You’ve taught us repeatedly that the hot stars burn bright but don’t live very long. By contrast, do these cooler ones just go and go and go?

It seems as if they just go and go and go. In fact, it’s something that’s still remaining to be seen, because it was only about 20 years ago that the first Brown Dwarf stars, if you will, Brown Dwarf objects, were actually confirmed to exist. So now we have an opportunity to look around and see if we can find more of these and determine from a survey of different objects at different ages or stages just what happens to them exactly.

  • Brown dwarf stars

    This artist’s concept shows a brown dwarf surrounded by a swirling disk of planet-building dust. NASA’s Spitzer Space Telescope spotted such a disk around a surprisingly low-mass brown dwarf, or “failed star.” Astronomers believe that this unusual system will eventually spawn planets. If so, they speculate the disk has enough mass to make one small gas giant and a few Earth-sized rocky planets. Image Credit: NASA/JPL

What’s the best hunch on the eventual fate of our star? Will it get hotter or cooler?

What’s actually going to happen with our star is that it will swell in size. As it gets older it will expand out to be about the size of the orbit of Mars.

Wait a minute — we’re within that orbit!

Yes that’s right, so things are going to get very, very hot here. In fact, our planet and the other three planets of the inner solar system will be inside the envelope of our star — we’ll be inside. So that means that we will melt away; of course, all of our oceans boil and everything else. Planets like Jupiter, Saturn, Uranus and Neptune will change their states entirely, because as planets made of frozen gas, they will all melt out and become something totally different. And then eventually our star will shrink down to become close to what’s a white dwarf star and that will signal the end of our lifetime of our star.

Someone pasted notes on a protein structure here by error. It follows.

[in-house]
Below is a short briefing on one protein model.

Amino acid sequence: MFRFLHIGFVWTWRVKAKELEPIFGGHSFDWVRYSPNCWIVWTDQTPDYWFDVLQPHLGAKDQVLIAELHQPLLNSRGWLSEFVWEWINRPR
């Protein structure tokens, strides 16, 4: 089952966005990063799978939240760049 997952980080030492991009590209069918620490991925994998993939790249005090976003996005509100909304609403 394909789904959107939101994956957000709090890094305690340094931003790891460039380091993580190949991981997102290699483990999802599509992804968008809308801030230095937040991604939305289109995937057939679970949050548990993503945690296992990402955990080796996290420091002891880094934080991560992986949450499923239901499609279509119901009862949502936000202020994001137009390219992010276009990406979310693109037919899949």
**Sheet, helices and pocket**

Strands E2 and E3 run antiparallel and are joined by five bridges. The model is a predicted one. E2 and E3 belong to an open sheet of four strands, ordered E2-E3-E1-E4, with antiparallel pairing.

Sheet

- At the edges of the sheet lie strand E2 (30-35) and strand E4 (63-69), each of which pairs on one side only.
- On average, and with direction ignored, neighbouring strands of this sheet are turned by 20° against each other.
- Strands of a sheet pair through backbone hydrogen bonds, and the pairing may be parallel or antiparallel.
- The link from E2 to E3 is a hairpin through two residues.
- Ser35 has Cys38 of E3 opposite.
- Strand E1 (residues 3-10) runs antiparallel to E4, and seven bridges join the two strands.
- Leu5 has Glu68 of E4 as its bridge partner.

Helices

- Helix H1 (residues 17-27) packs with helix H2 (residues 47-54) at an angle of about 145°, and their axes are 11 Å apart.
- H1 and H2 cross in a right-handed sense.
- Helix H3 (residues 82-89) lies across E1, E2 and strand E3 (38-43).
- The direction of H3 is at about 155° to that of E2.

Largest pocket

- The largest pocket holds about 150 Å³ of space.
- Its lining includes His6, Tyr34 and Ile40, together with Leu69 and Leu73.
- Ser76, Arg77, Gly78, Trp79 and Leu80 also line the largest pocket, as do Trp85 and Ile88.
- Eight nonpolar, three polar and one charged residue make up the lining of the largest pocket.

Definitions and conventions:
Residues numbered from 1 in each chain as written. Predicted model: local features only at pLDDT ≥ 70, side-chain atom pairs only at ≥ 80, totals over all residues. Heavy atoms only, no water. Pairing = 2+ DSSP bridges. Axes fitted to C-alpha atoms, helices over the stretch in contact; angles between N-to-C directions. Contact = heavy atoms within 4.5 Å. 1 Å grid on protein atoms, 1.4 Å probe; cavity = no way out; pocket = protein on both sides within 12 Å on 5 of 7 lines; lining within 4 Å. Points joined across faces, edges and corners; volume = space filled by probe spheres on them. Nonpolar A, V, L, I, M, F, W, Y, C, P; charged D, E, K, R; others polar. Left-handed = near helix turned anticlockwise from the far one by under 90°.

So when is that likely to happen?

Our sun right now is about halfway through the mature section of its life. So, it’s about 5 billion years old. It will remain as we see it now for probably another 5 billion years — thank goodness! — and then it will start to evolve and become something totally different. If we look at the star Betelgeuse in the night sky, we can see something that’s akin to what our star will look like, turning into a red giant star. But, as I said, not for another 5 billion years do we need to worry about that.

Let’s continue looking aloft: What’s available in the night sky this week?

Planets, planets, beautiful planets! In fact, tonight, tomorrow night and Wednesday evening about 45 minutes after sunset over in the southwestern horizon, tiny but bright Mercury will be visible. Probably one of the best views of Mercury we’ll have this year. But if you’d like to other planets, in the morning sky about 45 minutes before sunrise in the southeast — brilliant Venus is available! If neither one of those times works for you, Jupiter is high in the evening sky after sunset without any problem at all. And then also in the predawn sky we find Mars and Saturn.

Say, what color is the moon this month?

[Laughs] Ah, yes, well — depends on which phase you’re talking about. If you’re talking about full moon, looks like normal, but for new moon it will be a dark moon indeed. Because as it turns out, this month of February there is no new moon at all!

That doesn’t happen but once in a blue moon, does it?

Great question, but in fact no. It’s kind of unusual to have a month where there’s no new moon at all. But if we just think about it for half a second, it can easily make sense. February is a month with 28 days, the cycle of the moon is 29.5, so if the cycle of moon-phasing begins in such a way that the new moon comes early in the month, particularly in January, then the possibility for that happening becomes quite large, in fact. Because here we have a situation where we had new moon in January, new moon again late in January, so there’s no new moon in February — in fact the new moon that follows the month comes right on March 1.